Remote Photo is a photography festival that will take place on 12-13 May mostly in Co. Donegal on the North western periphery of Ireland and Europe, but also in Derry. The festival was established in 2015 with the idea of encouraging the photographic community to come together in a unique location, away from the usual distractions of large urban areas: “We thought that it would be nice to bring people into a smaller community, where they are more connected and can interact more”, tells me Paul McGuckin.
Paul is one of the organisers who co-founded the festival: “There are many photography festivals happening in cities”, explains Paul, “we wanted to do things differently”. Making reference to his personal experience, Paul went on to say that many photographers study and work in cities for a while. However, if they ever decide to move to a rural area, they can feel isolated: “It can be hard to travel to cities. You really have to make an effort”.
Cities can offer many different experiences but taking the time to travel to a remote area can facilitate an immersive experience. This point emerges quite clearly when Paul argues that “if we have something here [in Donegal] where people can come to, then they’ll take their time. They’ll be here to be open and more involved”.
Aside from the photography community, the festival attracts the local community as well as tourists from outside the county. Tourists often visit Donegal for the breath-taking scenery, surfing and other sports, its culture and heritage. Photo Remote wants to provide an additional gateway to Donegal’s vibrant culture.
Donegal has recently been named as “a real sweet spot – off-radar and hard to access, but on the cusp of a breakthrough” by Pat Riddell, editor of National Geographic Traveller. The organisers of Photo Remote would like to tap into the idea of a ‘destination festival’, as Paul explains: “People go to a city festival and maybe they go around the exhibitions, and maybe they go and see some of the city. We want to bring them here for the community, the exhibitions, the talks … they need to see why we are here, why there are so many artists that come and live here; especially why there so many photographers have travelled here over the years to make work”.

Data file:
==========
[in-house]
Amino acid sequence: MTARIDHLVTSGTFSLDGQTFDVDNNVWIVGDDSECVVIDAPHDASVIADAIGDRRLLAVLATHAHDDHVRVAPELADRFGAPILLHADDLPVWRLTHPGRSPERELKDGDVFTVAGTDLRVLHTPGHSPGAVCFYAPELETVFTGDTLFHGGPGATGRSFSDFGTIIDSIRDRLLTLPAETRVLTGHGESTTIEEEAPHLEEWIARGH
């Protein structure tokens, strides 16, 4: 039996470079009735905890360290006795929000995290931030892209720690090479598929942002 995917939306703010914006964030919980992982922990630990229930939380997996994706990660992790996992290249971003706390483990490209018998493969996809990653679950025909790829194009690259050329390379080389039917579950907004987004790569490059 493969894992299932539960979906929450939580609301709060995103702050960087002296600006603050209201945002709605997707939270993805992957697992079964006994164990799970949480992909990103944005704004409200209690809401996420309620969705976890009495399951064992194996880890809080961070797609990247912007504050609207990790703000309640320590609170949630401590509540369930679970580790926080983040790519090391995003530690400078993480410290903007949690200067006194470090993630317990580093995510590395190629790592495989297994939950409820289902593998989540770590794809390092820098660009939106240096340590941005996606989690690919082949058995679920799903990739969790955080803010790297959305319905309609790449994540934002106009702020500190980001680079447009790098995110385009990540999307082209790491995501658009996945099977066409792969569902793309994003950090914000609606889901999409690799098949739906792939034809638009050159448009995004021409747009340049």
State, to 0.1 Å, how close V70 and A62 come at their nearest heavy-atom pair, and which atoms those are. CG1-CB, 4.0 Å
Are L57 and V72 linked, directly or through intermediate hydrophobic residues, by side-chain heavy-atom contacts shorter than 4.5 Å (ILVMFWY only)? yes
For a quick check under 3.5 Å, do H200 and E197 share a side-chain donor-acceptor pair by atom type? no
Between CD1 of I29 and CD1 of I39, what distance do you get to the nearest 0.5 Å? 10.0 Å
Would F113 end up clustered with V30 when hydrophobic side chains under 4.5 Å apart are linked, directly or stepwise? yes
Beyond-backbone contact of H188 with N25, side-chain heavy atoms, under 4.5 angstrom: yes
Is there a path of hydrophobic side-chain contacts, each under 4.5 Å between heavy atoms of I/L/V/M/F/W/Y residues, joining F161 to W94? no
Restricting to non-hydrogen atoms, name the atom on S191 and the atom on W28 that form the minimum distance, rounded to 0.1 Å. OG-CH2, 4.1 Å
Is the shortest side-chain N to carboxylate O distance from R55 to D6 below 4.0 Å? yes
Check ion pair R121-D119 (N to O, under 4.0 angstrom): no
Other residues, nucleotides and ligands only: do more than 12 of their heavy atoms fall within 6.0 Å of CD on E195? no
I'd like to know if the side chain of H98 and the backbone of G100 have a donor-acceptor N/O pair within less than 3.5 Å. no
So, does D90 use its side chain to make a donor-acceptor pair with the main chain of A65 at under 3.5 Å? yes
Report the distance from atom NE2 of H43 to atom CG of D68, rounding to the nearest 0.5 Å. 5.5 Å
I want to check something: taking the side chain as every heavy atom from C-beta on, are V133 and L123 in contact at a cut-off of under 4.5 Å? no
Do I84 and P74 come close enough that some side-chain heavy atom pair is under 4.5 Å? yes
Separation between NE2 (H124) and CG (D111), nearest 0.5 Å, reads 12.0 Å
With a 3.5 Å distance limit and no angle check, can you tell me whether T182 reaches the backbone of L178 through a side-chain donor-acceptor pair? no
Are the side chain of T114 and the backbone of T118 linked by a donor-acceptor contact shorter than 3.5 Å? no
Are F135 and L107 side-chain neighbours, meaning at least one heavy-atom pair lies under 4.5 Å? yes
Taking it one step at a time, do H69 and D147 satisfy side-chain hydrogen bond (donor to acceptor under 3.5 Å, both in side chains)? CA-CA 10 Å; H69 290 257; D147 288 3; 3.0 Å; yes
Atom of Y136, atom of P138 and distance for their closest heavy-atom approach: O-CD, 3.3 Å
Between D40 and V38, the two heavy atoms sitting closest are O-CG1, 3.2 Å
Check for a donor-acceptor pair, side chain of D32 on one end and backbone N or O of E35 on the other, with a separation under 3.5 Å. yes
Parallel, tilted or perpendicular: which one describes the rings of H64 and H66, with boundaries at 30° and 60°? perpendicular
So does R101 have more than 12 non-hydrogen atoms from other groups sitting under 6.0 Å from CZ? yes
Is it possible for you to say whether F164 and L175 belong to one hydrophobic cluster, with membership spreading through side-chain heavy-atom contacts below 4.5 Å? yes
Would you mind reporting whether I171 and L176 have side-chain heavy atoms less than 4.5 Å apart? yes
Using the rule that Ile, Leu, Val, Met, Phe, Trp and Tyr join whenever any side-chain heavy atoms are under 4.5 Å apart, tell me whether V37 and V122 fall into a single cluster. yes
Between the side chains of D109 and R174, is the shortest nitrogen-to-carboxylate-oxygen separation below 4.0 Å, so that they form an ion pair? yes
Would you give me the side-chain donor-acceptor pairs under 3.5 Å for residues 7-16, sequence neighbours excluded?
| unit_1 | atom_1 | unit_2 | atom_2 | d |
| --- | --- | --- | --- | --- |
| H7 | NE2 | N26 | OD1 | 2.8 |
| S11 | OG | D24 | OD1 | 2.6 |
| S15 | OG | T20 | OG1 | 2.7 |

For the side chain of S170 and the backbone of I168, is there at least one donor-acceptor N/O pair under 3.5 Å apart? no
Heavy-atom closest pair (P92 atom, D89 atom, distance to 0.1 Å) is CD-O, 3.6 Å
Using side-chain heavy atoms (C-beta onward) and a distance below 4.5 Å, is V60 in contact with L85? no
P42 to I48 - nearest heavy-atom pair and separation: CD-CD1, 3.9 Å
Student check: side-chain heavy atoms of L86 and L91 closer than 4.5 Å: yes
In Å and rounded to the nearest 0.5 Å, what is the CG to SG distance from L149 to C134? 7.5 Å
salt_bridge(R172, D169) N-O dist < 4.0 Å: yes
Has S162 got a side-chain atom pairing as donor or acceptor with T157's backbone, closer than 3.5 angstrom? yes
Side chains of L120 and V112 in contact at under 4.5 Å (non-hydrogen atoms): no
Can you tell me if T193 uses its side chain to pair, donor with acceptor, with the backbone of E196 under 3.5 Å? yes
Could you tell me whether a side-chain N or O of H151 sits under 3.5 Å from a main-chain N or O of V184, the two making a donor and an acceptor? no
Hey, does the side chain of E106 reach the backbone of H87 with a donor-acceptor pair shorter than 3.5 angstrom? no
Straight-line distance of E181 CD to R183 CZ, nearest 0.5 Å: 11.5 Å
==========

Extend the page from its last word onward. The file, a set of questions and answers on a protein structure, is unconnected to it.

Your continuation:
Selling Donegal as a wild Atlantic place (it is indeed the northernmost county of the Wild Atlantic Way ) is a growing objective of Photo Remote as a festival. But the link between photography and remoteness is what the festival wants to keep exploring. ‘Remote’ can qualify geographic places but also a state of mind: “Someone who lives in a city can be the loneliest person in the world”, says Paul. “We are looking for this slow, in-depth, analytical kind of style”, he adds.
A number of notable photographers will be showcased at Remote Photo this year. Kurt Tong’s The Queen, The Chairman and I will be displayed at the Regional Cultural Centre in Letterkenny. As part of the ongoing collaboration between the festival and Ulster University, the work of 15 students of the School of Photography will be showcased in the same venue. Jill Todd Award runner up will join the festival for a talk on her work, and Jill Todd Award Winner Mads Holm will be at Nerve Visual in Derry to give a talk on his work. This venue will host the Jill Todd Photographic Award until May 2017.
Remote Photo also includes a number of interesting workshops aimed at photographers. For example, the full-day Photography Workshop with Gareth McCormack starts in the morning out on location and finishes up in the LYIT lab, processing images.
For the most competitive, the festival includes 2 competitions targeting both professionals and amateurs from all over the world. It is no longer possible to submit work under the schemes, but the shortlisted work will be exhibited during the festival. As Paul stressed, this will be “a great opportunity [for the selected candidates] to get their work seen by important people” including Anne McNeill (Impressions), Matt Black (Magnum), Malcolm Dickson (Street Level), Trish Lambe (Gallery of Photography) and Peggy Sue Amison (East Wing), aka the judging panel.
Remote Photo is a growing festival: “We are already thinking ahead to ‘around the border’ as a theme for next year – the border here and everywhere”. Developing a sustainable business model is another important goal of the festival. In addition, the organisers are keen to connect with artists and organisations from all over the world: “We want to get artists here but also send them out there”, Paul states. “You never know, when someone sees what’s going on in another area … that is something that they connect to or can work with”.